More than 7 billion people live on our planet at this moment. Slightly half of those people live in cities, and that number is rising by the day. “By the year 2050, we’ll have about 10 billion people on the planet, and about 70 percent of them will live in cities,” said Richard Johnson ’92, a sustainability expert and professor at Rice. “That’s 7 billion people.”

And while 32 years may seem like a lifetime away to some, others — such as the students who visited Paris and London with Johnson during a summer course designed to examine urban sustainability efforts — will be tackling this issue during the prime of their lives.

This was the third summer Johnson took students to study abroad for the five-week Seminar in Urban Sustainability and Livability Research Methods and Applications.

ENST 445: Seminar in Urban Sustainability and Livability Research Methods and Applications

DEPARTMENT: Environmental Studies

DESCRIPTION: Students visit Paris and London over a five-week summer course to study techniques and methods for achieving sustainable growth applied in actual urban settings.

Paris and London, the dual sites of this summer’s program, offered drastically different takes on urban planning and design, challenging the idea that there exists a one-size-fits-all approach to creating livable urban centers.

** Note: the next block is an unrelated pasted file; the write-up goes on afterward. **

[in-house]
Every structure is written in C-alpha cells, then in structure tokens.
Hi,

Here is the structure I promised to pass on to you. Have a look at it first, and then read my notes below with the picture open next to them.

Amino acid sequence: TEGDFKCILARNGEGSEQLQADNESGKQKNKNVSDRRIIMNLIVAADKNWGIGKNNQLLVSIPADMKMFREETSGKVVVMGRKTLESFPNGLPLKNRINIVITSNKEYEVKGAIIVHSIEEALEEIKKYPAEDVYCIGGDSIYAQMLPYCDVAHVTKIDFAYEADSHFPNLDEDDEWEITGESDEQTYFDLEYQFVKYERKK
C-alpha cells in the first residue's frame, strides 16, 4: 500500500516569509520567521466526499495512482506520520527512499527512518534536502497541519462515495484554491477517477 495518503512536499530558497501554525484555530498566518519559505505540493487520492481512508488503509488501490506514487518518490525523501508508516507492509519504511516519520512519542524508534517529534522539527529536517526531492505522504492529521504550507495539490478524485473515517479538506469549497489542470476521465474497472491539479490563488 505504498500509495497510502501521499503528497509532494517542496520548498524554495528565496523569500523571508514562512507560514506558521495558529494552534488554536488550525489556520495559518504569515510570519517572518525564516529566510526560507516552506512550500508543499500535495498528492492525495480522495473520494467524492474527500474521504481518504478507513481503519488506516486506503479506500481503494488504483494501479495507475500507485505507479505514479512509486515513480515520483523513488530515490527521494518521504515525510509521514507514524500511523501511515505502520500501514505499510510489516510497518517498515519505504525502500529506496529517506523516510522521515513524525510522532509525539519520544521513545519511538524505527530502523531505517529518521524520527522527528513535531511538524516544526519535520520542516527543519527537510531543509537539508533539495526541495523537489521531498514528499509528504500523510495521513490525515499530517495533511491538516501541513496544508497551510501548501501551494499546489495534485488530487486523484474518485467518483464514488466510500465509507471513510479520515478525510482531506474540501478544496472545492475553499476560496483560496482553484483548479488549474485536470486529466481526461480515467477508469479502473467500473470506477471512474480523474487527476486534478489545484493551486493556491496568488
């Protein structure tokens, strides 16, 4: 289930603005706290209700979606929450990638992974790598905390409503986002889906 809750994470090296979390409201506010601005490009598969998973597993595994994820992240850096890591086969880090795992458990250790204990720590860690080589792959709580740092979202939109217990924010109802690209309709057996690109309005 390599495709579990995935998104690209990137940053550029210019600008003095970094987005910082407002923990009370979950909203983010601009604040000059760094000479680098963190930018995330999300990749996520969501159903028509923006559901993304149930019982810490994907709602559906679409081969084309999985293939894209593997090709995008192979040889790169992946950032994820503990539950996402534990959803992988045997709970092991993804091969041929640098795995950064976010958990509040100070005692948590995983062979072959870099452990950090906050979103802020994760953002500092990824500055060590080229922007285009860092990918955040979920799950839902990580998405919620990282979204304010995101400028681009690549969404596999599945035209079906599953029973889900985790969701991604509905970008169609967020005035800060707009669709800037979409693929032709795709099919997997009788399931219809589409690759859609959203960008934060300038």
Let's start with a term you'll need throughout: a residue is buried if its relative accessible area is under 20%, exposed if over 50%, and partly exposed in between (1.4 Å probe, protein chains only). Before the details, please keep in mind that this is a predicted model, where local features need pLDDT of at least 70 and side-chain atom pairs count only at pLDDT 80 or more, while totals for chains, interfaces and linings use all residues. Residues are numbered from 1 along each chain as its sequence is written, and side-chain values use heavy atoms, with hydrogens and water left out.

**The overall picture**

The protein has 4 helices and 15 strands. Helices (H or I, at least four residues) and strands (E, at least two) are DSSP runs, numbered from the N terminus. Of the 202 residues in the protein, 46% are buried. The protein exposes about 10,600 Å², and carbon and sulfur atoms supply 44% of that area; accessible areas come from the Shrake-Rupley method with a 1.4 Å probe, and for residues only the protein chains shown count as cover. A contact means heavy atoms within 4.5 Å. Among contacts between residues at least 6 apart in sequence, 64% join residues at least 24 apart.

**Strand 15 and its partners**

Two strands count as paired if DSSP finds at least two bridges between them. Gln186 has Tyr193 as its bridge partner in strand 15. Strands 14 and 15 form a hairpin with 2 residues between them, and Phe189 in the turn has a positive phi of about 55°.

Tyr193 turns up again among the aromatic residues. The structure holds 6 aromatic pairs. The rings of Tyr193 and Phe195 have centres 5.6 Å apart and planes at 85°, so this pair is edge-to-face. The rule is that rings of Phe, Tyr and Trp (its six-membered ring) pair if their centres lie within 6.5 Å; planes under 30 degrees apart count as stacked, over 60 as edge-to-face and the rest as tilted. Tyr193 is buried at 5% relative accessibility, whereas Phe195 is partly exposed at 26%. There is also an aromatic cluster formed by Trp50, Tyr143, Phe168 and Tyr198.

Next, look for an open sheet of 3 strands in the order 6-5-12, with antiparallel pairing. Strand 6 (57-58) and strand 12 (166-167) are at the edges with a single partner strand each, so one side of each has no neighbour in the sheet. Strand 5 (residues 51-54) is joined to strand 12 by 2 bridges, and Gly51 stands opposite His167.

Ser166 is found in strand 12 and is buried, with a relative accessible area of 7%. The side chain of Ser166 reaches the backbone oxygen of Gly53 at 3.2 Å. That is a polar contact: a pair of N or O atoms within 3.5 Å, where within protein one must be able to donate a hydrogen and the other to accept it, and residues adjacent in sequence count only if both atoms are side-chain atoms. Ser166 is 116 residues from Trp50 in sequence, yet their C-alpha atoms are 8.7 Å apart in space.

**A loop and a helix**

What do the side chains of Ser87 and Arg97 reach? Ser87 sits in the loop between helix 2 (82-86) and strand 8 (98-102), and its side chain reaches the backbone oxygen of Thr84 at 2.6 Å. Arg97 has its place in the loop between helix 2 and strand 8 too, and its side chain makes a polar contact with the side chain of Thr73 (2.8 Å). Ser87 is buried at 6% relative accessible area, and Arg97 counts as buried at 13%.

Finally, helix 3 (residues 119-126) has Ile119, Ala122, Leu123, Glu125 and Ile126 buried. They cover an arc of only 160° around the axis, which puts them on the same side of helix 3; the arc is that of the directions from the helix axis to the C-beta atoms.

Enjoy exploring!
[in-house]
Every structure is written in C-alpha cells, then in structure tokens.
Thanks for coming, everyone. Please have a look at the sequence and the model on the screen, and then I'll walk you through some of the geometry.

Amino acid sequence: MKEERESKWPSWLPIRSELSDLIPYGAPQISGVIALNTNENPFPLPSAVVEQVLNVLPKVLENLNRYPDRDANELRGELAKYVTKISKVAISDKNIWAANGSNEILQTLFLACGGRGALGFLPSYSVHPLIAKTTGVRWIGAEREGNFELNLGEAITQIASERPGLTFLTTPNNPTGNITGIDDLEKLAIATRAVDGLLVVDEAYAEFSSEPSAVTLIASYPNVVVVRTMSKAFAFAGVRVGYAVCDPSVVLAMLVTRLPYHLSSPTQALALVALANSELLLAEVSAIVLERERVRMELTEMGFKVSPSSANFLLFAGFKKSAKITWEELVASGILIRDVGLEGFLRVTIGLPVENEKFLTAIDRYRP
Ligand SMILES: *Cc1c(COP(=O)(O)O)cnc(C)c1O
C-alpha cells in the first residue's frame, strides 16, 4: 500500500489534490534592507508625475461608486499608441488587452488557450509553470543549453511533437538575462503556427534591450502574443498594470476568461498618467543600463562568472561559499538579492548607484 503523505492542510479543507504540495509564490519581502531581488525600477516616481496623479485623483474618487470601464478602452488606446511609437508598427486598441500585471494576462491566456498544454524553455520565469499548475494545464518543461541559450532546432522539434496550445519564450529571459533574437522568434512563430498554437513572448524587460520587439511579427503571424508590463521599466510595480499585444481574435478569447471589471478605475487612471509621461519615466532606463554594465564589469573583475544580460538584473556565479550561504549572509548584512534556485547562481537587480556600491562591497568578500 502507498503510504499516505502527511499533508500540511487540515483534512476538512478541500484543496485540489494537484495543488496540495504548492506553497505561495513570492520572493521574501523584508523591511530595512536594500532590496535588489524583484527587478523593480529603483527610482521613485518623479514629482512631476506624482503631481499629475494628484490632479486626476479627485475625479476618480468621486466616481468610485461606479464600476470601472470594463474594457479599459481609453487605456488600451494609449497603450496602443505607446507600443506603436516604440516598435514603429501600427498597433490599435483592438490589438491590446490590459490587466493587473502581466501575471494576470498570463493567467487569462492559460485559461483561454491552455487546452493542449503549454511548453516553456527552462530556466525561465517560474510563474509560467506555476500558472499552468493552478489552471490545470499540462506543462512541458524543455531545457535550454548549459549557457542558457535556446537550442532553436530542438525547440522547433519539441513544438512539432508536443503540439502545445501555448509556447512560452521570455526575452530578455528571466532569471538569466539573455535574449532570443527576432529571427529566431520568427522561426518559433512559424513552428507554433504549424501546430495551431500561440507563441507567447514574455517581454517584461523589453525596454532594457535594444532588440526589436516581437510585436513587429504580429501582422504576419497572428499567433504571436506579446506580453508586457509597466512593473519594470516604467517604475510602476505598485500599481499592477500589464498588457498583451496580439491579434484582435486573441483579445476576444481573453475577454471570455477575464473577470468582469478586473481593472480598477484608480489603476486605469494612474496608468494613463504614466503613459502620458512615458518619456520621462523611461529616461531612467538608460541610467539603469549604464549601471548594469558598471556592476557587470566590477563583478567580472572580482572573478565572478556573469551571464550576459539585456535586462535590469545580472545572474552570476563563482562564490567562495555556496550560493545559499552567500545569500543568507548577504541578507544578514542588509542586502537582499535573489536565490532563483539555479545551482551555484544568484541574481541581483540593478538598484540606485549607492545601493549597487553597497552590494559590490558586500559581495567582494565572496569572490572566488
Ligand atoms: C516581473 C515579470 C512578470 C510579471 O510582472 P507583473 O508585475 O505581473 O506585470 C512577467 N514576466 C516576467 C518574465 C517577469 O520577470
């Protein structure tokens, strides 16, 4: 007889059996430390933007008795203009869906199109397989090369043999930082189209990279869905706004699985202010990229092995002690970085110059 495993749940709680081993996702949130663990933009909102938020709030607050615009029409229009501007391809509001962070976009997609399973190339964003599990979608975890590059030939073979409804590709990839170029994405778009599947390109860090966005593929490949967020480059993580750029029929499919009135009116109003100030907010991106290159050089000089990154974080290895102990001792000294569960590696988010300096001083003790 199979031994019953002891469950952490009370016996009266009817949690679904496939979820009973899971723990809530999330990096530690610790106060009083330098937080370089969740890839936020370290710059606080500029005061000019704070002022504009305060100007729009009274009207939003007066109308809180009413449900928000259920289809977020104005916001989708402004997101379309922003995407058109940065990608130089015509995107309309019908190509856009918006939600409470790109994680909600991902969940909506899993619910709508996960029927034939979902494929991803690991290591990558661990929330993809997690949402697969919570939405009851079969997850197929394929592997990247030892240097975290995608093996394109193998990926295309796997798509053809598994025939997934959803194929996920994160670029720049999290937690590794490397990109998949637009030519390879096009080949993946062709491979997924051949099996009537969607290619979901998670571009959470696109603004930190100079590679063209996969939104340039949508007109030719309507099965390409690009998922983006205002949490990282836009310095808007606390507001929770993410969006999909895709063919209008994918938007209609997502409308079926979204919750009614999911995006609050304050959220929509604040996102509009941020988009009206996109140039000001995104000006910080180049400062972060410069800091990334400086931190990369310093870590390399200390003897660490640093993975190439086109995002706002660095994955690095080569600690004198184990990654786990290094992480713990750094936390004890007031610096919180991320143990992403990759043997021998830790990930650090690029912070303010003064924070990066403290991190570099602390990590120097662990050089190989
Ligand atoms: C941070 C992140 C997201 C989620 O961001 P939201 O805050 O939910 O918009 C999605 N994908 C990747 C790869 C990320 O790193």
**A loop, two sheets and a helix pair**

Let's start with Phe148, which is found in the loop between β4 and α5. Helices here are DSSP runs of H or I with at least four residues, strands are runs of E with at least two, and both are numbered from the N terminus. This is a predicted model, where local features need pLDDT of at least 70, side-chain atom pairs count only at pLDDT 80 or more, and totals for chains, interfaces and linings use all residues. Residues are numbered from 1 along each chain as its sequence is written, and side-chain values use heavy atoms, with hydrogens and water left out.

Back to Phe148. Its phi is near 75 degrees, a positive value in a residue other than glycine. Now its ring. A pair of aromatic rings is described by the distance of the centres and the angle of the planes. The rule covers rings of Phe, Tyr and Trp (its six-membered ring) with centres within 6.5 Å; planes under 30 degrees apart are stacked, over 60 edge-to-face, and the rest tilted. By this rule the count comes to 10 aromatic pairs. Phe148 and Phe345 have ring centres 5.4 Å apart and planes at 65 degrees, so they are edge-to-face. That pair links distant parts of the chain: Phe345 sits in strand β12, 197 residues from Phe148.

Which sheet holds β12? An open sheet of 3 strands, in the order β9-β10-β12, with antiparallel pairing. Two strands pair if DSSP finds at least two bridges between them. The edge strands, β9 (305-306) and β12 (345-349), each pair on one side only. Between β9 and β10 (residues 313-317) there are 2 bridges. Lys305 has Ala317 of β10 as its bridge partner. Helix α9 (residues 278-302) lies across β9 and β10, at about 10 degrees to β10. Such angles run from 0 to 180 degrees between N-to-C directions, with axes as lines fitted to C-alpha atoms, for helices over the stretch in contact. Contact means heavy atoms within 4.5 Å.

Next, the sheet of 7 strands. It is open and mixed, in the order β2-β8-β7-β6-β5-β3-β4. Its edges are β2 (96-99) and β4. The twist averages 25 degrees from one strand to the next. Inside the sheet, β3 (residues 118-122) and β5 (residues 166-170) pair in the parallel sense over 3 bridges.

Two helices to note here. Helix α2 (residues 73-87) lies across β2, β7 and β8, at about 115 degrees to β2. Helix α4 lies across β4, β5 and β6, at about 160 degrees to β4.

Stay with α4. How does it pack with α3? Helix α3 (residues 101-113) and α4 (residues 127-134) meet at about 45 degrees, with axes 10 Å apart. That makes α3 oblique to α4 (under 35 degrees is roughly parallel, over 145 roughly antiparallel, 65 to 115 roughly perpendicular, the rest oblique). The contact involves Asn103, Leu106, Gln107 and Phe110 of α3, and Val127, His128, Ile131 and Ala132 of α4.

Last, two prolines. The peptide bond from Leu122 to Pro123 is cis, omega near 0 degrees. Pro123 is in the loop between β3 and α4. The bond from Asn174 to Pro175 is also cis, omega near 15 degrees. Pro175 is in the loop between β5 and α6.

“A lot of what we think about as Paris was a deliberate act of authoritarian urbanism in the mid-to-late 19th century under Napoleon III,” said Johnson. Paris had previously been a dark maze of twisting medieval streets plagued by sewage and other perils of overpopulation, until the grand avenues and broad-fronted buildings of urban planner Georges-Eugène Haussmann utterly transformed the landscape of the city between 1853 and 1870. But this was no mere beautification project. “Part of the motivation for doing this was to improve circulation around the city, to open the city up, to provide more light and air, to connect the new technology of the rail stations with each other, to provide infrastructure for water and sewage, and to end the massive cholera outbreaks,” said Johnson.

And in London? “The Crown was never willing to have that same heavy hand,” said Johnson. “So you have this city that’s continued to grow up on this medieval street pattern — these small, twisty, windy roads — and they’ve had to figure out over time how to keep the city modern and relevant.”

Put another way, Johnson said, “Paris offers these complete ensembles; in London, you can explore layers of history in a single block.” And it’s this dichotomy that afforded students the chance to examine, in context, the best and worst responses to the cities’ growing populations over centuries of economic booms and environmental busts.

A dozen students made the trip in total, engaging in hands-on learning through everything from visiting public parks with local urban planning experts to taking a tour of London’s loos.

“I saw many aspects of urban sustainability implemented more effectively than they have been in Houston,” said senior Allison Yelvington. “This gave me both hope and ideas for what could be possible in American cities.”

Richard Johnson is the director of Rice’s Administrative Center for Sustainability and Energy Management and a professor in the practice of environmental studies.

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